Why do dogs get sick after eating turkey? When festivities are around the corner, many dog owners feel tempted to share some turkey with their dogs. With a smorgasbord of enticing sights and mouth watery smells, dogs are lured to Thanksgiving and Christmas tables as if they were in an hypnotic trance. While turkey is often found as an ingredient in many dog foods and treats, there are cases where dogs may actually get sick from gobble-gobble meat. Of course, not all dogs get sick from eating turkey, but those who do have little to be thankful about when they develop symptoms of G.I problems.
A Matter of Fats
When it comes to giving dogs turkey there is turkey and turkey. Avoid giving dogs turkey that has been fried or cooked in lots of butter, warns veterinarian Dr. Gabby.
Also problematic may be turkey skin, trimmings and gravy, further adds Dr. Justin Lee, a board-certified emergency critical care veterinary specialist.
The problem is that fatty meals can trigger in dogs a bout of pancreatitis, the inflammation of the pancreas which causes serious clinical signs such as vomiting, diarrhea, abdominal pain and loss of appetite. Yorkies, miniature schnauzers and shetland sheepdogs are particularly vulnerable to this condition.
No Bones About It
Some dogs get sick from eating turkey because they raid the trash can gaining access to the turkey carcass and consuming turkey bones. The problem with cooked bones is that they can splinter, potentially puncturing the digestive tract, and risking a serious bacterial infection that's difficult to treat and that can even turn fatal, says veterinarian Dr. Marty Becker.
Bones can also cause choking, get stuck in the dog's esophagus, the bone fragments may cause vomiting and constipation and sometimes bones may cause a blockage when they get stuck in the dog's intestinal tract.
Salt is Harmful
Many dog owners are conscientious about not leaving turkey bones around their dog, but they often forget about turkey brine. Turkey brine is very salty and salt is harmful to dogs when consumed in high quantities.
Not many people are aware that dogs can become victim of salt toxicosis, which causes increased thirst, increased urination, vomiting and diarrhea, warns the Pet Poison Helpline website.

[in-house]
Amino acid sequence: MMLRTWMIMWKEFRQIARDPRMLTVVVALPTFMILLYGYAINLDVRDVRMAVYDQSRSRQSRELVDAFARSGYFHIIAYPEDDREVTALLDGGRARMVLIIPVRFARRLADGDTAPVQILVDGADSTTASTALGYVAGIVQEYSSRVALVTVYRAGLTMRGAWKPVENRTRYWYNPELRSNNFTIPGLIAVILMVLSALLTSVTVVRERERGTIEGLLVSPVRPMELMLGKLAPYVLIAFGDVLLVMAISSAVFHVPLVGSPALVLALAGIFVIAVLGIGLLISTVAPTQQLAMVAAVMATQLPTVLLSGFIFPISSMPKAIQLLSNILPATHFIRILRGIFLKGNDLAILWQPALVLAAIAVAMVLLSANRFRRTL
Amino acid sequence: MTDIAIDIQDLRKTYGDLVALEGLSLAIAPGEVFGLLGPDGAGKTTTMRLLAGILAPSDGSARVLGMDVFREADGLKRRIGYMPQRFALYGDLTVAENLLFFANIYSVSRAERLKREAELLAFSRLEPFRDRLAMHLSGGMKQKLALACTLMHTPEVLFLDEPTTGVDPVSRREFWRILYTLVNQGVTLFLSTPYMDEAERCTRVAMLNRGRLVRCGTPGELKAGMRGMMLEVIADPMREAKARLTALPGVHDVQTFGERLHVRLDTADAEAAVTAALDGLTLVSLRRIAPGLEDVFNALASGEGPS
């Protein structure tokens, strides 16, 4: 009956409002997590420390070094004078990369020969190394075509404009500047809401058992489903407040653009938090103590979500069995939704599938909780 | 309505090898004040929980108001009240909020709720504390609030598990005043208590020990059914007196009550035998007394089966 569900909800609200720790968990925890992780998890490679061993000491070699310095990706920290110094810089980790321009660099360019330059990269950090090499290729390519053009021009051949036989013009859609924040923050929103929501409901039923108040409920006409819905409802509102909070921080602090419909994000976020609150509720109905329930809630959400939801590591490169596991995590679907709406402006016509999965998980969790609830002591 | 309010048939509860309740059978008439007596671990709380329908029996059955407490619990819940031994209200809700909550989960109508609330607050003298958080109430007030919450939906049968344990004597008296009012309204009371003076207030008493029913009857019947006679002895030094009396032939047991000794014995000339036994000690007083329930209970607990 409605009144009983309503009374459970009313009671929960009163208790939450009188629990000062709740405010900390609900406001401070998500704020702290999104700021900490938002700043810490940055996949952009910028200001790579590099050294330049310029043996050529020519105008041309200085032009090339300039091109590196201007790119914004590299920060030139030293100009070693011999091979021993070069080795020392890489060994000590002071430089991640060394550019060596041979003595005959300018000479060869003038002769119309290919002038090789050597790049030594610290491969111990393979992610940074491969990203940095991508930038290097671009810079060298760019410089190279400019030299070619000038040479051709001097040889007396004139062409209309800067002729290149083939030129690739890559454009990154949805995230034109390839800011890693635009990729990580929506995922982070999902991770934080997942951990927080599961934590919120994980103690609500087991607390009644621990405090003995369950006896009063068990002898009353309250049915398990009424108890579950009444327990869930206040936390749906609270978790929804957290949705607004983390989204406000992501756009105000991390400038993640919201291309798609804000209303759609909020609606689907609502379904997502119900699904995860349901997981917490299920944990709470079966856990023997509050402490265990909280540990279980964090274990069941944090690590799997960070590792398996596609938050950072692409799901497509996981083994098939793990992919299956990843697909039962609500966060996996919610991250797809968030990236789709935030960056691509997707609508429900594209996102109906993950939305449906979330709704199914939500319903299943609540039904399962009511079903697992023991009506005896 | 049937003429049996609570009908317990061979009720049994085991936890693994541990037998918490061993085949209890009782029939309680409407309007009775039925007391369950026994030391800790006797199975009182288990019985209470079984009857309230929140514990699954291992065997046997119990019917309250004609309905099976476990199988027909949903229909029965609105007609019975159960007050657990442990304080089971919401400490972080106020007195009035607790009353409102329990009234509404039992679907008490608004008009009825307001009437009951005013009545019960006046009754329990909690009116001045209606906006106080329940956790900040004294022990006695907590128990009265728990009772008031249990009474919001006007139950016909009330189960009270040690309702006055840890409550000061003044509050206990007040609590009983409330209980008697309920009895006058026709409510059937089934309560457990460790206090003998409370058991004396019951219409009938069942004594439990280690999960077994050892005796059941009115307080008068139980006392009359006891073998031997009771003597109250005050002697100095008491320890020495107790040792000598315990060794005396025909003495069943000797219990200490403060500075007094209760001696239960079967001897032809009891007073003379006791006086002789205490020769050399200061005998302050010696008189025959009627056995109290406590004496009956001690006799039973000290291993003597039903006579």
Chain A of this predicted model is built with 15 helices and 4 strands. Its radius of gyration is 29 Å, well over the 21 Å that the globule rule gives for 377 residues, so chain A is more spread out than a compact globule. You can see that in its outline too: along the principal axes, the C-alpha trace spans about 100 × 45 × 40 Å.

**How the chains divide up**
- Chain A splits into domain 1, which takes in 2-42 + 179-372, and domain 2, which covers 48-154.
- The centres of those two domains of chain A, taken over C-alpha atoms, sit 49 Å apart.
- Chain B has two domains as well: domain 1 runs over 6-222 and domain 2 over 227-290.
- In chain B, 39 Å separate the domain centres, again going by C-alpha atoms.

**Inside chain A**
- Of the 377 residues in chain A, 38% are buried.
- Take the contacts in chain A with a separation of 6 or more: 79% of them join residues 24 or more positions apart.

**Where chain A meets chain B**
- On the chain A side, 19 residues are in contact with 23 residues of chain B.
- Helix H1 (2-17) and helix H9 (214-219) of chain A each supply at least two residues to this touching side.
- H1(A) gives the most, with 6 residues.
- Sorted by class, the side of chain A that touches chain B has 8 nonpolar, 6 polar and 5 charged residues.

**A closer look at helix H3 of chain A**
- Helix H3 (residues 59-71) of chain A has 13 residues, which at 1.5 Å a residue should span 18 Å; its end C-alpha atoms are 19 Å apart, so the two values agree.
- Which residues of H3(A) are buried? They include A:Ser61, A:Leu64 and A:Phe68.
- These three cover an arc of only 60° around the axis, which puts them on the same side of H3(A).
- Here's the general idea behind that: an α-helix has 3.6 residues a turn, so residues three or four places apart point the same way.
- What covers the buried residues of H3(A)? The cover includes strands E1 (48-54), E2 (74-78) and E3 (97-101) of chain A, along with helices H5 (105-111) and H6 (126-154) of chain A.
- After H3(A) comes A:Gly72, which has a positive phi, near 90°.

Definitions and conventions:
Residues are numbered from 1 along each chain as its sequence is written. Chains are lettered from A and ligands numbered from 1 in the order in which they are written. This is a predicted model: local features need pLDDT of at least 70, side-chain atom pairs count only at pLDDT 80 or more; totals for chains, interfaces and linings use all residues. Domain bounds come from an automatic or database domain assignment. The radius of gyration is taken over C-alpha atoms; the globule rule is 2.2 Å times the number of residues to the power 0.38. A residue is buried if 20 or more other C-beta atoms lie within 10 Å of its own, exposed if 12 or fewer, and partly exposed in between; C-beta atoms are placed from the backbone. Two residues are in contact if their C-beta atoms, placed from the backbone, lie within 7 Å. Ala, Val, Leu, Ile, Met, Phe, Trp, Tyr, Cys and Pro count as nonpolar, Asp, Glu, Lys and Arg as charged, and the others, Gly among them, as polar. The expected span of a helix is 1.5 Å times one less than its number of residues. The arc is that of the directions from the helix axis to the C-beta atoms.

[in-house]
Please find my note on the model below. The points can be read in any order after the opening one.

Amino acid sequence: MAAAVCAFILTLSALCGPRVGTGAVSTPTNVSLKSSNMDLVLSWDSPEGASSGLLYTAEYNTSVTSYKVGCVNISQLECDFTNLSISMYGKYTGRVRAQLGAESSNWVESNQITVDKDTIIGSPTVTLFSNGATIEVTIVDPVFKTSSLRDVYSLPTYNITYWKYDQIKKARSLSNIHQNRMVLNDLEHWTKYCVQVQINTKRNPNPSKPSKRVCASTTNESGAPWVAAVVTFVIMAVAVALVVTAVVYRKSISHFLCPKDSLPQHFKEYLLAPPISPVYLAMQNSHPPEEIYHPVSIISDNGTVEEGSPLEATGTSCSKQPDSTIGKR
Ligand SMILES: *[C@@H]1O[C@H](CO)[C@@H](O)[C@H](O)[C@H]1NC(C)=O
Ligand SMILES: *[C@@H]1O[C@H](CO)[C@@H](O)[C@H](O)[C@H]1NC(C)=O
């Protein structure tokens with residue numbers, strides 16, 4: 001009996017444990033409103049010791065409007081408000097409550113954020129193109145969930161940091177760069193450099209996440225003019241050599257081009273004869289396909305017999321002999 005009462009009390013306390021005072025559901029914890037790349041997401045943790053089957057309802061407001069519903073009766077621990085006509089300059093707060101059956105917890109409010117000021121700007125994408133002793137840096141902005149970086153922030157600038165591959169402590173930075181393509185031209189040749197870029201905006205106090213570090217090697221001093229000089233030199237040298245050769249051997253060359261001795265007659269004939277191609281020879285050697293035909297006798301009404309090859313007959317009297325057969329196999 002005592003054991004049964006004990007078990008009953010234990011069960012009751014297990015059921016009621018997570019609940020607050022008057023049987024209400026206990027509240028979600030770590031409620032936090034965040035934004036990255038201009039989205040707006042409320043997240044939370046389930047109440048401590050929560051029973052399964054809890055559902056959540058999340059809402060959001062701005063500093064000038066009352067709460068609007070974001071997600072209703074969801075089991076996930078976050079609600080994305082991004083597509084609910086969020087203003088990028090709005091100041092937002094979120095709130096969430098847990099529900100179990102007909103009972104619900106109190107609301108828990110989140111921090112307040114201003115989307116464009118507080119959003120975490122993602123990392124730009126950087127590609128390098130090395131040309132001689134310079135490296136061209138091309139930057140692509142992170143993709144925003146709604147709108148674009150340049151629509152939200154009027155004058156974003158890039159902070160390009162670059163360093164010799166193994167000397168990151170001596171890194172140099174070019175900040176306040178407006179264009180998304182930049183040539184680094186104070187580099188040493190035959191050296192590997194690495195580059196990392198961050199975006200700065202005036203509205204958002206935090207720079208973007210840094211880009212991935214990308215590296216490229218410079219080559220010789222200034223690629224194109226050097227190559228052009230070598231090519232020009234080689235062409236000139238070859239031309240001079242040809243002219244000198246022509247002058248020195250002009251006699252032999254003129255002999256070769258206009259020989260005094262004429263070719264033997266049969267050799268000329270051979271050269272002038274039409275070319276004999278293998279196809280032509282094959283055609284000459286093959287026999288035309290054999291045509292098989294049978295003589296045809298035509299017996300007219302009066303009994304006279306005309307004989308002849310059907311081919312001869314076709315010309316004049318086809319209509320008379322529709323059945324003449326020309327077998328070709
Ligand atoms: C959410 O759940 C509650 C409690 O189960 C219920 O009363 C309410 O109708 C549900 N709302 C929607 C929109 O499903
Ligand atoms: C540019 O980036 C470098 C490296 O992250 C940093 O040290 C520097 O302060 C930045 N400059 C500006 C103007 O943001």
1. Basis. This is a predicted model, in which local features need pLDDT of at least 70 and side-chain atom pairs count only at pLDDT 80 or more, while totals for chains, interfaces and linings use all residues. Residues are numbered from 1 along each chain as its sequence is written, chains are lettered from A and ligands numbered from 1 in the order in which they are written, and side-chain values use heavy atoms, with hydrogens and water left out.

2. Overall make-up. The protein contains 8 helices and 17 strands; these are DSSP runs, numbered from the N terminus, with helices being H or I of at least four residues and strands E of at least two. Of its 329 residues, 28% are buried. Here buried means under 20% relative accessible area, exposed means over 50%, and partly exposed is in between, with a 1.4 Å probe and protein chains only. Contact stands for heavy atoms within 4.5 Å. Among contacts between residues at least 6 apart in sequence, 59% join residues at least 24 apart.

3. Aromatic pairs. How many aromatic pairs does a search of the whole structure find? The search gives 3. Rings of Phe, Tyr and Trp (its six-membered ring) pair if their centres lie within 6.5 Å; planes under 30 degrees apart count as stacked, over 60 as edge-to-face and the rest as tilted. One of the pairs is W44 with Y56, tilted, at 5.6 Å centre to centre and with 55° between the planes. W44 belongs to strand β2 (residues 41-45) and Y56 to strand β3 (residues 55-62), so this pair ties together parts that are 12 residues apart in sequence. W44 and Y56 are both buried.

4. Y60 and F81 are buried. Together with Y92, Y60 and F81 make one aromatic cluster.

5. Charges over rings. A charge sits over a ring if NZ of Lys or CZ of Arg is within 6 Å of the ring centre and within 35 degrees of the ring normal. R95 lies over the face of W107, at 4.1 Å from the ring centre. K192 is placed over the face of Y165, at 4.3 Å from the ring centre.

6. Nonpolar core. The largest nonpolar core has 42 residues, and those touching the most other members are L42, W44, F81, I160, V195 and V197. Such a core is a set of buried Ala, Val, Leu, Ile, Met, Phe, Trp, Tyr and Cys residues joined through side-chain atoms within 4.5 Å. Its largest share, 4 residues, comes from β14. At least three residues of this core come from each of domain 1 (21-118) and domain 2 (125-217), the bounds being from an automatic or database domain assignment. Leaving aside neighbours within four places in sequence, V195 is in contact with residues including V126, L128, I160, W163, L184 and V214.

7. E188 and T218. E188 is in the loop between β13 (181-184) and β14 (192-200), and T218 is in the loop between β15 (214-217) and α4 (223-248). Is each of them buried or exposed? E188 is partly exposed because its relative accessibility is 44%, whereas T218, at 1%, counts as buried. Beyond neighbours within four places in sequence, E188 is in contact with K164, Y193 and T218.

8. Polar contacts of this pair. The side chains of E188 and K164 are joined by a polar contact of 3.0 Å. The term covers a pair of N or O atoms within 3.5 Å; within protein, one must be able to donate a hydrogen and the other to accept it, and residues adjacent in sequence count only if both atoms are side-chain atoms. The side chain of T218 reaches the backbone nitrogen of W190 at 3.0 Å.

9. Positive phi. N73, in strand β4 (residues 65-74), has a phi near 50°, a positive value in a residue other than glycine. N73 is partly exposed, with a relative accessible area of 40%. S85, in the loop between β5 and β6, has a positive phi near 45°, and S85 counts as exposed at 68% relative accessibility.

Excessive salt though can cause more than increased thirst and GI upset in affected dogs. Consider that dangerous electrolyte changes can also take place and dogs can develop brain swelling.
Stuff the Turkey
Stuff the turkey and not the dog when it comes to stuffing. Yes, dogs love stuffing because it has a wonderful turkey taste and the bread is very fragrant, but even turkey stuffing can cause problems.
The problem in this case are the raisins or currants in it which are known for posing risks for acute kidney problems, adds Dr. Lee. And don't' assume that giving a teeny amount is OK.
Did you know? According to the Pet Poison Helpline, even a small amount of grapes, raisins, or currants can result in severe, acute kidney failure.
Watch the String
Many people use string to tie up the turkey to prevent the stuffing from coming out. This string is something else that you may want to keep out of reach as even an innocent piece of string can turn problematic.
Dogs will readily gulp the string down as it smells and tastes like turkey and this can potentially cause what's called a "linear foreign body obstruction" warns Dr. Lee.
Basically, what happens in this case is that the string may get caught around the intestine and cause a life-threatening abdominal infection called peritonitis.
Moderation is Key
Turkey per se is not a food that's bad for dogs; indeed turkey is easy to digest and it's often fed along with plain white rice to dogs who are vomiting or have diarrhea, explains Dr. Gabby.
As long as the turkey is baked or boiled and cooked without fat or any spices, it's fine to give. It's also not a bad idea to avoid the dark turkey meat and opt instead for a little bit of the lean, white meat suggests, Stack Veterinary Hospital.
And of course, do not give it with any bones, greasy drippings and skin which as mentioned can be problematic.
As with most things in life, moderation is key as any dietary changes can trigger digestive issues in dogs with sensitive tummies, so stuff the turkey and don't stuff the dog when the holidays are around the corner.
Did you know? We may assume that dogs, just like us must feel the drowsy tryptophan effect after eating turkey; however, feeding turkey to your dog though will not promote calmness, claims Linda P. Case, a canine nutritionist, dog trainer, and science writer.
Firstly, turkey does not contain a high level of tryptophan as one would think, and secondly, several studies where dogs were administered supplements with L-tryptophan showed no major anxiety-reducing effects.